California’s $100 Billion Nightmare High-Speed Rail Project | Citizens Against Government Waste

California’s $100 Billion Nightmare High-Speed Rail Project

The WasteWatcher

After 12 years of delays, mismanagement, and political gridlock, the total cost estimate for the California High-Speed Rail Authority (CHSRA) has reached $100 billion.  Initially budgeted at $35 billion, former California Gov. Jerry Brown’s dream of uniting California’s coastal metropolises and parts of the Central Valley has transformed into a disjointed, mismanaged fiscal nightmare with rising costs every single year following its inception. The $100 billion cost is 23 percent greater than the highest estimated cost of $81.4 billion that Citizens Against Government Waste projected in an extensive September 2008 joint report with the Reason Foundation and the Howard Jarvis Taxpayers Foundation.

When California Gov. Gavin Newsom (D) took office in January 2019, he ignored his initial misgivings to shut down the Bakersfield Merced (MB) portion of the project and decided to move full steam ahead with construction, promising to deliver an operational line by 2029.  The MB line’s original projected cost made up one-fifth of the entire high-speed rail’s total cost.  However, a lack of state oversight coupled with ad hoc financing pushed costs for the MB line well past the initial estimates.  Thus far, the only speed record this train has set is the unprecedented rate at which it has burned through state and federal tax dollars.

Originally pitched as an environmentally friendly alternative form of transportation, the CHSRA line is no different than any other pork-barrel project.  It has been especially good at creating jobs for Central Valley construction workers and private contractors.  As of June 2020, 4,000 construction workers, 73 percent of whom are from the Central Valley, were employed at 32 separate active construction sites operating simultaneously along a 117-mile stretch of the MB line.   

More than $4.8 billion in construction contracts were awarded to a myriad of Central Valley private contractors.  The California State Auditor’s (CSA) 2018 report detailed that opportunistic contractors employed as consultants on the MB line took full advantage of CHSRA’s lack of planning. The CSA found that “the only documented source of information regarding the timeliness and status of deliverables came from the contractors themselves.”  The lack of a paper trail left the CSA unable to determine “the quantity and quality of the work for which the Authority paid.”  Many contractors also failed to deliver the items they had promised to the CHRSA.  This grifting of the taxpayers’ money is such a widespread practice that CHRSA is either complacent or completely ignorant.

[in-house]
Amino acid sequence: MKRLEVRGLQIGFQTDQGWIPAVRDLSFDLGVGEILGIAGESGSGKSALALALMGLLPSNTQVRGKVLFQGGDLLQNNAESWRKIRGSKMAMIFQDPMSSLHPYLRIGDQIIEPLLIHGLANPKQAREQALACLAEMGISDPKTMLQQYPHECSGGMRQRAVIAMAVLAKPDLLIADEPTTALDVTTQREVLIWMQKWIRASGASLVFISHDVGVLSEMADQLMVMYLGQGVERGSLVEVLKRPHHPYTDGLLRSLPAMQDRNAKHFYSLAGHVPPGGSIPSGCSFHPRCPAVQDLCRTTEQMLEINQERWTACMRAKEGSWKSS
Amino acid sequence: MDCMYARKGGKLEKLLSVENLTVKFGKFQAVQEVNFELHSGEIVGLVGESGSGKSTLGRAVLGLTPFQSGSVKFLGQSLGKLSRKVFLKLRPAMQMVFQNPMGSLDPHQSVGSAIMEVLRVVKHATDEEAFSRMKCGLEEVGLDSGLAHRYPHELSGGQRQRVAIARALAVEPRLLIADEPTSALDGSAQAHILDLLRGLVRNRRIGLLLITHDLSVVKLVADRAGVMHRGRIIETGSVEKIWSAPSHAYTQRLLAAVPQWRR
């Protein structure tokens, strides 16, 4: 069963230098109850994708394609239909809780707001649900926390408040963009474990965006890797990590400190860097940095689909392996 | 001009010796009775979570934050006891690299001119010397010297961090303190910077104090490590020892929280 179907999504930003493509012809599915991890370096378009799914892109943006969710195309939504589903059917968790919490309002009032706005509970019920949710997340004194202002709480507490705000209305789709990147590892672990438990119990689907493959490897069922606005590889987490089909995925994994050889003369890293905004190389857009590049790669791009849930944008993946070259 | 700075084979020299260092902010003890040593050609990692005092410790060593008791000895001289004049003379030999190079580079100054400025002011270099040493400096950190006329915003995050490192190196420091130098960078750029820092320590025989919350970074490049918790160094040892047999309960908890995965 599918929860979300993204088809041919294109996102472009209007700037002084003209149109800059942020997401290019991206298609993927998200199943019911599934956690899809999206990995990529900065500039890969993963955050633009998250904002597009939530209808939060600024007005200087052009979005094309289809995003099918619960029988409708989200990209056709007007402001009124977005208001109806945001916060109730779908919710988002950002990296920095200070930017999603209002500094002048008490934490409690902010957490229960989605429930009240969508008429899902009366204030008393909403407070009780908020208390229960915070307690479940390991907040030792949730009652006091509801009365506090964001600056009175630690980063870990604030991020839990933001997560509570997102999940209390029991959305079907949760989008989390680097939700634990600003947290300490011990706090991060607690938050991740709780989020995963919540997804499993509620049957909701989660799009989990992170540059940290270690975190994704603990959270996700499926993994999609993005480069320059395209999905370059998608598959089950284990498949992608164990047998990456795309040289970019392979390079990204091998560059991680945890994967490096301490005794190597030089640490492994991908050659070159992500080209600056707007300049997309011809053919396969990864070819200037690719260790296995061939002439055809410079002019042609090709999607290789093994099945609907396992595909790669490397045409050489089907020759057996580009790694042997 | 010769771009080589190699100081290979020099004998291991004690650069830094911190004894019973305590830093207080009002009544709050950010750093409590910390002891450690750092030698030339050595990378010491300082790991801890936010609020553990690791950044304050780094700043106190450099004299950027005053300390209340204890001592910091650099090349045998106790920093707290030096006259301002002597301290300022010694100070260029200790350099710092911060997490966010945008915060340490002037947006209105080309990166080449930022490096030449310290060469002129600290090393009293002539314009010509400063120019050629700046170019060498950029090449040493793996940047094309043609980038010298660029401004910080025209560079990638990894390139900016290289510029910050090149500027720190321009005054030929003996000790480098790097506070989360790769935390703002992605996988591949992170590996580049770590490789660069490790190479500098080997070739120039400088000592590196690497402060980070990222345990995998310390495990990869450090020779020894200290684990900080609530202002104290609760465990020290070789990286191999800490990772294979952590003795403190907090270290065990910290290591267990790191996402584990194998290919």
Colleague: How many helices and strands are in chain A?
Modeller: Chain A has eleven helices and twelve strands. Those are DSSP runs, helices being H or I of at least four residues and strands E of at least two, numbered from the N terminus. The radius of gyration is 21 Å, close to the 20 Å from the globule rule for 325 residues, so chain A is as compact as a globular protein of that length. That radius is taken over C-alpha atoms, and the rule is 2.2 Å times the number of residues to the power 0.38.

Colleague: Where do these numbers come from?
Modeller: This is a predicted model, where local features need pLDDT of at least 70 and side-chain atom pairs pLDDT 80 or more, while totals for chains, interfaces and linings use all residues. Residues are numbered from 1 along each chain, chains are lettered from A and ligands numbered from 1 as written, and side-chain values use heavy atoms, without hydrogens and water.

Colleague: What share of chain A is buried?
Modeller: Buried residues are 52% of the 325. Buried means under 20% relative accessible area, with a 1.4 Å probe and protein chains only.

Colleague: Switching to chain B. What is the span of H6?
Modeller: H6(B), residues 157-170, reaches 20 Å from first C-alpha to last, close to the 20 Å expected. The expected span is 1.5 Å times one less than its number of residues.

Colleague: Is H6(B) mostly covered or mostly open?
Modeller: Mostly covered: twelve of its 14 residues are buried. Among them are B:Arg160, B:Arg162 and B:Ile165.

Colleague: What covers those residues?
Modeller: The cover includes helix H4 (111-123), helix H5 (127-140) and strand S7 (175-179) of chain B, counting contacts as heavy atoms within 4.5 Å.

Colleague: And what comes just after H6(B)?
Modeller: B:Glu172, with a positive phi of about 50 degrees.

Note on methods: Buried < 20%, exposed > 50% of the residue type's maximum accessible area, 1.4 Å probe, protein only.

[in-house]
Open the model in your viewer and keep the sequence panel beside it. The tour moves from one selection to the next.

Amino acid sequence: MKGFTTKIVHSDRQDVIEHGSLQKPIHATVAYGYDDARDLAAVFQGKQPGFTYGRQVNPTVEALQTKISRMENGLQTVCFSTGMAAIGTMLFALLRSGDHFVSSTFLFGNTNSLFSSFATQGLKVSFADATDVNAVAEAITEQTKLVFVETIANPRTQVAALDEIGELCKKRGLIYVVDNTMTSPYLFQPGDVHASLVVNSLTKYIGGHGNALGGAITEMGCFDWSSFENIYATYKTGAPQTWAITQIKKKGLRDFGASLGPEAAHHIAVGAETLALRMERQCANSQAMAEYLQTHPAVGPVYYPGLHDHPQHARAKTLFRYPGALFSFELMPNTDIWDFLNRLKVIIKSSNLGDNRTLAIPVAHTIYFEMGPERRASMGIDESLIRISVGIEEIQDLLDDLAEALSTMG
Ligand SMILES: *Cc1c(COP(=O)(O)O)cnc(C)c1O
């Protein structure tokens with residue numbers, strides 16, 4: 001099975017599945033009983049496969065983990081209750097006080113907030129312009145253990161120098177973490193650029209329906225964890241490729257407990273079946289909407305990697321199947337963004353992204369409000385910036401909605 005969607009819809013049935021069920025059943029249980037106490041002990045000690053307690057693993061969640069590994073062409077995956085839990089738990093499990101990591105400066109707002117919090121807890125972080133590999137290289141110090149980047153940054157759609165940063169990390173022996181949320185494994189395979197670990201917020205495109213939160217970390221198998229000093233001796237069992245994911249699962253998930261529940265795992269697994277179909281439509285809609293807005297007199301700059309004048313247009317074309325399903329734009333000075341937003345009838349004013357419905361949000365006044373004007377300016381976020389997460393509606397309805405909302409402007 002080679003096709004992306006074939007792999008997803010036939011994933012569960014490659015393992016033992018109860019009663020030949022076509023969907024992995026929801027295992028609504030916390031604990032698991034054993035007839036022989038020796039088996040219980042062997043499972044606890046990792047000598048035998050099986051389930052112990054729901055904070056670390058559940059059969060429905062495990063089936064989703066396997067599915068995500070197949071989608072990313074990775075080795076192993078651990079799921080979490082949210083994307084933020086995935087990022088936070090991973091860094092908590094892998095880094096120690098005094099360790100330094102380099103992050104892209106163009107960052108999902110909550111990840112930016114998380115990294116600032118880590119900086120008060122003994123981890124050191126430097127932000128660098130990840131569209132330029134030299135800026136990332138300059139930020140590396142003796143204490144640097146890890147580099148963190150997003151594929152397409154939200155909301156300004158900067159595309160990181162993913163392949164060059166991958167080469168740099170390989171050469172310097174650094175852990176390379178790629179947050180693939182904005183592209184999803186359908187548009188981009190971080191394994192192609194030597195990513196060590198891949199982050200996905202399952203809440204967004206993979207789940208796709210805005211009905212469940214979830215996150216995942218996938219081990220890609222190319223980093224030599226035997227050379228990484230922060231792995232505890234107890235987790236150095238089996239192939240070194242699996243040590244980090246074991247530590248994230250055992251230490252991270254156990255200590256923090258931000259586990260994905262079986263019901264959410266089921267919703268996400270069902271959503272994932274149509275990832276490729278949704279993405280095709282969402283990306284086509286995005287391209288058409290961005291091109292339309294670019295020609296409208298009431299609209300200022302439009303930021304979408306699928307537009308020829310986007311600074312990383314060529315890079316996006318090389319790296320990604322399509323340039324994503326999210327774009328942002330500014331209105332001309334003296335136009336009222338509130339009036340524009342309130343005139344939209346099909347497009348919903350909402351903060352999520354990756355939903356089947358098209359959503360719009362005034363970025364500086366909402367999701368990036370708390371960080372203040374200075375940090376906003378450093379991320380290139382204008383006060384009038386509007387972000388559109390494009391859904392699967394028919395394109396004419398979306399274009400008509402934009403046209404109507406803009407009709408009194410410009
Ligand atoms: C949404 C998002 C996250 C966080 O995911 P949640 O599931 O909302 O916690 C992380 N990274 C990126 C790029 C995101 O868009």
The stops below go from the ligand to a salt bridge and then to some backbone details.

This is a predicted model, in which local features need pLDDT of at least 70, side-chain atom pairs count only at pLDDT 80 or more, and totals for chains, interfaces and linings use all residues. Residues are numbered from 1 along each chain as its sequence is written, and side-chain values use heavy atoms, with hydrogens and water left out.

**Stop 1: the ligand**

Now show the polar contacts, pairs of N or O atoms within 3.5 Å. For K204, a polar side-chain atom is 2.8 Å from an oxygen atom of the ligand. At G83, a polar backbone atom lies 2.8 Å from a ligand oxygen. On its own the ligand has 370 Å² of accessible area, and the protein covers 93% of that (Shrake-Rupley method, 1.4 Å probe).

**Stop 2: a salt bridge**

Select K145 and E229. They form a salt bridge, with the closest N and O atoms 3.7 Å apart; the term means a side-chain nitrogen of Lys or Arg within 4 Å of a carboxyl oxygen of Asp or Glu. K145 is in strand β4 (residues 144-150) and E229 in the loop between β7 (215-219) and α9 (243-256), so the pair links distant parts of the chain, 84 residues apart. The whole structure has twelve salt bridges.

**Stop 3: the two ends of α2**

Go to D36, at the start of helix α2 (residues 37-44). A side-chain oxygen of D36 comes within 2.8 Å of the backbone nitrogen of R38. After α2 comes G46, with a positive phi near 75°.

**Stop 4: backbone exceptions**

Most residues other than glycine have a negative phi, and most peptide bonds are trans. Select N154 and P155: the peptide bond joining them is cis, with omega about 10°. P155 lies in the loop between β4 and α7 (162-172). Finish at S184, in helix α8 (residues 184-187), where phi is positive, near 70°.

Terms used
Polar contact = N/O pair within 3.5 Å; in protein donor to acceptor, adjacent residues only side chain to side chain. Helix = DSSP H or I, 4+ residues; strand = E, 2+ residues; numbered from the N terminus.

The number of private firms riding the CHSRA gravy train forced Gov. Newsom to take action. In May 2020, Gov. Newsom announced he was going to axe 88 contractors from the CHSRA, which will save an estimated $16 million annually for the remainder of the project.  While commendable, Gov. Newsom’s intervention is too little too late.     

The continuing increase in costs has caused the legislature to pass numerous stop gap bond measures to keep the project alive.  On June 15, 2020, lawmakers sought an additional $4.2 billion in bond funds for the acquisition of the final land parcels in San Juaquin Valley required to complete the MB line.  If passed, the additional general obligation bond debt will further increase the taxpayers’ burden.  

When the MB line is completed, there is simply no chance that ridership fees alone will be able to cover CHSRA’s operating costs.  When government-funded mass transit projects are unable to sustainably finance themselves, state and local governments are forced to raise taxes to close the fiscal gap.  The Bay Area Rapid Transit (BART)’s budget statements from 2016–2019 offer a glimpse into the future of the CHSRA high-speed rail project and the impact it will have on the taxpayers. 

In 2016, BART’s average weekday ridership (AWR) peaked at 443,000.  Ridership steadily declined each subsequent year, dropping to 404,900 AWRs in 2019.  Despite servicing nearly half a million Bay Area residents every day, BART’s fare recovery rate fell below its operating expenses.  In 2019, operating expenses were $767.8 million, with only 63 percent covered by passenger fares.  The remainder of BART’s operating expenses drew $264.6 million from sales taxes, $46.8 million from property taxes, and $59.9 million in financial assistance from state assistance programs.  BART’s reliance on the taxpayers serves as a cautionary tale for the MB line along with the rest of the high-speed rail project.

When the CHSRA inevitably fails to recover its operating expenses, taxpayers will be called upon to finance the difference.  Higher sales and property taxes are already in the forecast shortly after the rail line begins operating.  Until then, state bonds and federal grants will continue stoking this pork project’s fiscal firebox with the taxpayer’s money.

-- Trevor Lewis

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